Welcome to day two of the Ali Sweatshirt Sewalong! Today we will be talking about selecting your size and methods for printing your pattern. This post is actually pretty long as I’ll be taking you through all the steps in determining just the right size for your body/personal style. (I even have a coupon code for US readers so make sure to scroll down :)
Selecting your size
Let’s start by taking some measurements. Grab a flexible measuring tape and measure yourself at the bust (above left). Next, hold the end of the measuring tape at your shoulder and let it hang down over your bust. Look in a mirror and decide how long you’d like your sweatshirt to be (above right). The default body length for all sizes is 21”. Next measure yourself at the point where you want the hem of the sweatshirt to hit (your high hip).
Tip: When using pdf patterns, I prefer to stay digital as much as possible. So, instead of printing out the instruction booklet (saving trees! yay!) I read it on my laptop using Adobe Acrobat or Reader. I like to make notes of my measurements right in the pdf instructions using comments or the highlighter tool to select my size. Then next time I use the pattern I have the notes right in the pdf.
Finally, let’s decide how long to make the sleeves. The pattern comes with two lengths, the bracelet length or the slouchy length sleeve. Plus you have the option of lengthening or shortening to get your perfect length. To measure your arm, place the end of your tape measure at the base of your neck and hold your arm parallel to the ground with the opposite end of the tape measure in your extended hand. I like to have my sleeves extend just past my wrist bone or longer. But choose whatever you’re comfortable with. Make a note of the desired sleeve length.
Now that you’ve collected some measurements, let’s select a size and decide if we’re going to make any modifications. You should have measurements for the bust, length, high hip and sleeve length. As an example, let’s say we’re working with the following measurements:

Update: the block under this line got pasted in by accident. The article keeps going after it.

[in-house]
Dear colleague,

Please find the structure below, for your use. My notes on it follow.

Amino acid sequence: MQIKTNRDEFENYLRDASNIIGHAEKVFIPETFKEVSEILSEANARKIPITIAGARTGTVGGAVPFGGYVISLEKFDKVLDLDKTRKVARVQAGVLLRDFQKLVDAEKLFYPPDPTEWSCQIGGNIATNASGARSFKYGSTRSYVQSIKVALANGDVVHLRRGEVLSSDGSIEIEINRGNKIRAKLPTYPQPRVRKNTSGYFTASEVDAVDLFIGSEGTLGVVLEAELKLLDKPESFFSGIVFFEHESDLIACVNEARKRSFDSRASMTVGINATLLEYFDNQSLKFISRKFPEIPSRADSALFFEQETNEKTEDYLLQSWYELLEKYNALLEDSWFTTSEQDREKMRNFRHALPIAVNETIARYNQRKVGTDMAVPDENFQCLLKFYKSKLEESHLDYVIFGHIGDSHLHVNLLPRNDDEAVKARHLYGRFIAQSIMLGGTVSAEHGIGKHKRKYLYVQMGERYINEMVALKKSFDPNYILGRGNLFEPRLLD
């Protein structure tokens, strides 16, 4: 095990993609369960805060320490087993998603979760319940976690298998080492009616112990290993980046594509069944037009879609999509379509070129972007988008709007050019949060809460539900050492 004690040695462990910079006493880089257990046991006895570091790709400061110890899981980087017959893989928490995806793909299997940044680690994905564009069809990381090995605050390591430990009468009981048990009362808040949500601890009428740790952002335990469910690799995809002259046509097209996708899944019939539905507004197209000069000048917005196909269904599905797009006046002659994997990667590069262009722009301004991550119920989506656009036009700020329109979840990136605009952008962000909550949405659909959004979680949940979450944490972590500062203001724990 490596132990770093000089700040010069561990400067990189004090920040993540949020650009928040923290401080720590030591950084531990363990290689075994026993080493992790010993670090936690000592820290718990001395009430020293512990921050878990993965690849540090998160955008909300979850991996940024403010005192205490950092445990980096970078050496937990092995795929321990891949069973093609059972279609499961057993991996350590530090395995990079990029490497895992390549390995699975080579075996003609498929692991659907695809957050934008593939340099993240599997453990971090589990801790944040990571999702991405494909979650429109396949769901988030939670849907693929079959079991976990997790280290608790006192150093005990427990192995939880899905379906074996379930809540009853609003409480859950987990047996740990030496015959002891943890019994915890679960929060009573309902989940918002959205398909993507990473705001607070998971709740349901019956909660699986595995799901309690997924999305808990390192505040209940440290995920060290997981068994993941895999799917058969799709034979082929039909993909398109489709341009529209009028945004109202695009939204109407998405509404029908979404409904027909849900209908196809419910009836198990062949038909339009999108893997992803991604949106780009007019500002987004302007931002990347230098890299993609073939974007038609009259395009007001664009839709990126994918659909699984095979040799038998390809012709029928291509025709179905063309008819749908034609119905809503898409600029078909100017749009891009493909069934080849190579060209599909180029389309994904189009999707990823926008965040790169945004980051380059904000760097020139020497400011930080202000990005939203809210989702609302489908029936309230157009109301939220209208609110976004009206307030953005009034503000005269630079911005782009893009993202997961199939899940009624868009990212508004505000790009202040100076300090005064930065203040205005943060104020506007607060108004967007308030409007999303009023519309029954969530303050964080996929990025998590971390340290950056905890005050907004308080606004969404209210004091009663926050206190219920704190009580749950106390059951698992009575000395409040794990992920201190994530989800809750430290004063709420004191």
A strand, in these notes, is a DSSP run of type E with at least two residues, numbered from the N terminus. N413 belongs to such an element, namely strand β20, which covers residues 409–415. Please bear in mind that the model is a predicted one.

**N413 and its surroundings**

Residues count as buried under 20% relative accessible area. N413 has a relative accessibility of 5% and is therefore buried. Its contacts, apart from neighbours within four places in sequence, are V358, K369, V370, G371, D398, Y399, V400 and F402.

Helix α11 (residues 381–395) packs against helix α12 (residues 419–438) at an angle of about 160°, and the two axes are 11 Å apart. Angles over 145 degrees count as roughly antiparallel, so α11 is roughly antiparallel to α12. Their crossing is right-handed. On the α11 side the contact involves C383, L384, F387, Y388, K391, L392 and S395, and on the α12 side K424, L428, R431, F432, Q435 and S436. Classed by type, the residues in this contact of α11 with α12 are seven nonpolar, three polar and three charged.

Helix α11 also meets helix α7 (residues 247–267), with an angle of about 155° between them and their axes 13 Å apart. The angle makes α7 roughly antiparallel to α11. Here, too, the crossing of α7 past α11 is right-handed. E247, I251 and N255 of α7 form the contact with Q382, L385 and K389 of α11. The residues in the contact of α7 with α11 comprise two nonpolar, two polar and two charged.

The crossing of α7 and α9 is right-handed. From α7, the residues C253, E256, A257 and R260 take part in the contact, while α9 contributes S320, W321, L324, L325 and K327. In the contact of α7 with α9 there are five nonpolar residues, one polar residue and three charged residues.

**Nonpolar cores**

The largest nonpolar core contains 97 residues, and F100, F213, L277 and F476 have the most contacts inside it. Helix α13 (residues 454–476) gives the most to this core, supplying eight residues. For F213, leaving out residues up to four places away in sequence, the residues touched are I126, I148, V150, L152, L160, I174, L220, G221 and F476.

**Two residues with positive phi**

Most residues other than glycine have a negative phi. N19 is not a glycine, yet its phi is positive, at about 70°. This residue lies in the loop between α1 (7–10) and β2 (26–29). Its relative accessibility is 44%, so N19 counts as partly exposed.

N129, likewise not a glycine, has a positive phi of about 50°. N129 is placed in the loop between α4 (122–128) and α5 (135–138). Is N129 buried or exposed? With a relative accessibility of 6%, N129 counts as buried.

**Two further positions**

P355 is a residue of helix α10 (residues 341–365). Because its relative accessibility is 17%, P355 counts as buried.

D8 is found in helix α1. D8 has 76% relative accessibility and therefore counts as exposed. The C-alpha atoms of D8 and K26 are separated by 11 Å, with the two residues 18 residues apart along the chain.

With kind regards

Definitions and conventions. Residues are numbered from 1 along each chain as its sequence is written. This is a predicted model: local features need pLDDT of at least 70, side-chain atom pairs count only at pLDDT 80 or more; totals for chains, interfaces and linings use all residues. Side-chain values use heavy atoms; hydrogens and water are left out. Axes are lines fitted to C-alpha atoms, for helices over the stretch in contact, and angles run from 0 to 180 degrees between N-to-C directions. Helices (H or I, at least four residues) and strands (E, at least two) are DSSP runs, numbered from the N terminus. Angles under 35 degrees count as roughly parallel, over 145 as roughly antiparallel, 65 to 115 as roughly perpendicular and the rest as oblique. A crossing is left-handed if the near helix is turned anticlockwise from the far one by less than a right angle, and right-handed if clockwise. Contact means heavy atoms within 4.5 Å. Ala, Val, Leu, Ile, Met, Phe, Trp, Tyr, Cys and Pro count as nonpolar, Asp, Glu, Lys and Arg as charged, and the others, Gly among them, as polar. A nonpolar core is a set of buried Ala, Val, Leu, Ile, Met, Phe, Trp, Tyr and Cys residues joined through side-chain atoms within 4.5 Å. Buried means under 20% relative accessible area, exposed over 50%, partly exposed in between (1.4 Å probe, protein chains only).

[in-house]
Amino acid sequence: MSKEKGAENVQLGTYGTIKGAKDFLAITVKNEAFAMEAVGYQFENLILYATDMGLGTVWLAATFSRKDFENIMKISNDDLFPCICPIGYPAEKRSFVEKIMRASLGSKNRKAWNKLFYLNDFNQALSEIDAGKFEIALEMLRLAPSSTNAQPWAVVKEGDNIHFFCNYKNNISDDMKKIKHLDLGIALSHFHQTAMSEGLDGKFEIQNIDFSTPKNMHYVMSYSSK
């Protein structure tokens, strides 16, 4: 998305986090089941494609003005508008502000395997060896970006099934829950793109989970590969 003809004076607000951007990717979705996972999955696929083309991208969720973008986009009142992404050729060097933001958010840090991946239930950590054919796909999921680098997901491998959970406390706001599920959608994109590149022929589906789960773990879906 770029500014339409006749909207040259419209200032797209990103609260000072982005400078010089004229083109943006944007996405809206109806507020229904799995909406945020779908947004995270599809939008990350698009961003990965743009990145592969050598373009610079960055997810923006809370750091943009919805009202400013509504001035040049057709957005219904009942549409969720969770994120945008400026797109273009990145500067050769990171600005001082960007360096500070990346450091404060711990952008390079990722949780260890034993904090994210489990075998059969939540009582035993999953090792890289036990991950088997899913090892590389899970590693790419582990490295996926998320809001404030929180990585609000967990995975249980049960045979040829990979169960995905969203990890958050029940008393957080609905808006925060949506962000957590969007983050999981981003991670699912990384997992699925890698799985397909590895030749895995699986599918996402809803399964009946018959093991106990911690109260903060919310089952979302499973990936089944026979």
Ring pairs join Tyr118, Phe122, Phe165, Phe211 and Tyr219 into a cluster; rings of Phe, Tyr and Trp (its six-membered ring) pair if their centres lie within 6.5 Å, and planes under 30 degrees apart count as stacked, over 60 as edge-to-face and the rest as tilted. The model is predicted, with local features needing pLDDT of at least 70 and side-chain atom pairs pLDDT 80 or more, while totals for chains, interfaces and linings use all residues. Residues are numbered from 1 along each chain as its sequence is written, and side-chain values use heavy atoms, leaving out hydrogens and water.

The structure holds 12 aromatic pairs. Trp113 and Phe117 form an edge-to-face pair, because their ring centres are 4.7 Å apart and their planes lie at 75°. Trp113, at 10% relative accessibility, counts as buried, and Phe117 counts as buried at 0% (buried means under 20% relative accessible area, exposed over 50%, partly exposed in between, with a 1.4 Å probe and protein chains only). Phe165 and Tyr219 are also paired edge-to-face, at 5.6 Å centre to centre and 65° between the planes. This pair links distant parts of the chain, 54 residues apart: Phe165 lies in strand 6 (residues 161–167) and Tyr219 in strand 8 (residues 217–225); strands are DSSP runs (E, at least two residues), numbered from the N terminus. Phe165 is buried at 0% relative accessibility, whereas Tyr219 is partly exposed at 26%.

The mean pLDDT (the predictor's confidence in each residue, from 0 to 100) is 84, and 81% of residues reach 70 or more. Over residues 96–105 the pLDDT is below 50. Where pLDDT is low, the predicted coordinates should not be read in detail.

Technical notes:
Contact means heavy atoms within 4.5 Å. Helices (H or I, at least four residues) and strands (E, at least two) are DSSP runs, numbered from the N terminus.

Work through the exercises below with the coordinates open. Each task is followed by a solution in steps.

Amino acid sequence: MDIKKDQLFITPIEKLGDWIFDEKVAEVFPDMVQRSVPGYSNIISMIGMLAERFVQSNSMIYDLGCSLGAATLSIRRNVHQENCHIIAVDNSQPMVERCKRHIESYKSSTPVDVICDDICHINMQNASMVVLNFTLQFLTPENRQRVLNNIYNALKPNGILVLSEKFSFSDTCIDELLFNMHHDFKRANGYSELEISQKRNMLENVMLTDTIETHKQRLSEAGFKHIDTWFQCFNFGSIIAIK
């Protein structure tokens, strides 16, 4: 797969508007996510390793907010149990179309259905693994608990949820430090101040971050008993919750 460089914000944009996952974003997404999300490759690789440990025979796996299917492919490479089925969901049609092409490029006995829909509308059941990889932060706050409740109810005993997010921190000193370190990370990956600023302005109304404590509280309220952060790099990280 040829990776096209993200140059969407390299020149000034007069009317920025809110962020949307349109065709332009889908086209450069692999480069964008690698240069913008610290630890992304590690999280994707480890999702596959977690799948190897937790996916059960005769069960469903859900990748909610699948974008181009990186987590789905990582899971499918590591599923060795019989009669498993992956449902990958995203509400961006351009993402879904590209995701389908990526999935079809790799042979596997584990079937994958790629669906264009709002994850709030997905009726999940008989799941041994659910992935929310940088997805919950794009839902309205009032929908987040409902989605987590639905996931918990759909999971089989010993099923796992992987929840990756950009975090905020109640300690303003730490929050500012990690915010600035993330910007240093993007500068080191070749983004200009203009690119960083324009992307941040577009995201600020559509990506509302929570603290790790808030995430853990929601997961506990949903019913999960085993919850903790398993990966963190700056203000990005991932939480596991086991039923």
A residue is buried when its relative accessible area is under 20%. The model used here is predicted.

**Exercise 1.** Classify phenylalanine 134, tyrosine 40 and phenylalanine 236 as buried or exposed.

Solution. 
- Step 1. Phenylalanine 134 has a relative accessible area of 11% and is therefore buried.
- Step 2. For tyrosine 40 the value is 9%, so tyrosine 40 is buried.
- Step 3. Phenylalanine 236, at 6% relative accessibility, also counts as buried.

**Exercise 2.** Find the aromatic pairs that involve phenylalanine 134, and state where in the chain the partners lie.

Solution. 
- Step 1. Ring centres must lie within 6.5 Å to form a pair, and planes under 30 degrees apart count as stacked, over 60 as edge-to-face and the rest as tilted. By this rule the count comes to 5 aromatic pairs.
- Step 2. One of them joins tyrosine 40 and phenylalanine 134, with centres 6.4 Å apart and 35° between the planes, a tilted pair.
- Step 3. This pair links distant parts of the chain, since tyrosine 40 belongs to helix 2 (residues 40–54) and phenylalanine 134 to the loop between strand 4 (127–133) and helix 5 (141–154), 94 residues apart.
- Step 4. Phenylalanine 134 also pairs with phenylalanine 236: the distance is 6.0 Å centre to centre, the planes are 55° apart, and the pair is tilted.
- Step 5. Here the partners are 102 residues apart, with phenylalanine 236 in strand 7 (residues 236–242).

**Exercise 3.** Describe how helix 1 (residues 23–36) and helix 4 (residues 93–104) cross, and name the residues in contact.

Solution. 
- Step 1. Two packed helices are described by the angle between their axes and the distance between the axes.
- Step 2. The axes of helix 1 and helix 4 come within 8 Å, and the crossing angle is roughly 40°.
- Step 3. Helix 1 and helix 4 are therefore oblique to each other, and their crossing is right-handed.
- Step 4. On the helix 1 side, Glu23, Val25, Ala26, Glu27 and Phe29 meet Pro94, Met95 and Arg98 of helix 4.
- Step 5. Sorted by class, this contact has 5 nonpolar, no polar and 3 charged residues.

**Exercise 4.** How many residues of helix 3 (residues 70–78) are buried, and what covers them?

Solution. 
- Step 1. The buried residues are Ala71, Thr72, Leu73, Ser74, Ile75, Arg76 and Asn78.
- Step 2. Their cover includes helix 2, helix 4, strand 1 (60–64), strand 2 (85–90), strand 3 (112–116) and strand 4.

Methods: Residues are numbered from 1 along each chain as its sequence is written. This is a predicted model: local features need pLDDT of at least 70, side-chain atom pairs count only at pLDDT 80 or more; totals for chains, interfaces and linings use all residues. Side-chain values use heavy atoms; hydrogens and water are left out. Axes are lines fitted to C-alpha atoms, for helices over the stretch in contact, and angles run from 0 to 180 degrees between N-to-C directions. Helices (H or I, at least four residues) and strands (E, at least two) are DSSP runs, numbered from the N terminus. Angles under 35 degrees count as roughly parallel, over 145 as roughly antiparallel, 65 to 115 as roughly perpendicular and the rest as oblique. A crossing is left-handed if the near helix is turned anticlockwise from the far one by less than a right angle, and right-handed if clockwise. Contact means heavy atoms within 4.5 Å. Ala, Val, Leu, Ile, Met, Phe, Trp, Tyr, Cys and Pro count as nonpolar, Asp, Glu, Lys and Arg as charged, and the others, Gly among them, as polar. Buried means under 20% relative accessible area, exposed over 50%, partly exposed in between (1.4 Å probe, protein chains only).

High hip: 42”
Sleeve Length: 26”
On page 3 of the instructions (and shown above), there is a very helpful size chart with finished measurements for the bust, high hip and sleeve lengths. The most important measurement for this pattern is the bust. Take a look at the size chart and find which size you fall into. In the chart above, I’ve highlighted our selected size in yellow and written out our measurements and modifications in blue. Using our example measurements, we’re a size M at the bust, with a high hip of L and we’ll add 2” to the body length. Keep reading for more details. :)
This pattern is designed to be oversized but depending on how much ease you prefer, you may want to go down one size. Some of my testers chose to make a size smaller and prefer that fit. For reference, in the photo on the left above, I’m wearing a size Medium (view A) and on the right, I’m wearing a size Small (view B). My bust is about 38.5 inches which puts me in the Medium size. How fitted you like to wear your sweatshirt is totally personal preference. The finished garment measurements in the chart will also help you decide what size you’d like to make.
Note: If you’ve sewn my Lou Box Top pattern, you might remember that it only had 4 sizes. The Ali Sweatshirt is expanded to have 7 sizes so you have more options for the fit of your finished garment. While it’s not a one-to-one in sizing, this pattern does have the same boxy fit as the Lou Box Top.
Without any changes, this sweatshirt is 21” long (measured from the shoulder to the hem) when finished. If your finished length is different, use the lengthen/shorten lines on the front and back pieces to adjust the length (after you print the pattern). For reference, I’m 5’11” but have not added any length to the body or arms in these photos (I cut the slouchy length arms). Note, the sleeves on the right are shorter because the small size has shorter sleeves than the medium.
Next, let’s check the high hip measurement. Because this sweatshirt narrows to the high hips, you may want to grade out to a larger size at the hips if your hips fall into a larger size or if you are lengthening the pattern. Compare your high hip measurement and to the finished high hip measurement for your selected size on page 3. If your high hip measurement is larger than the finished size for your bust, then you’ll need to grade out. In our example, the high hip measurement is 42” so, we’ll grade out to a size L at the hips. Above is an example of grading from a medium at the bust to a large at the hips. Also, because the circumference of the hem is now larger, we will cut the L size hem band.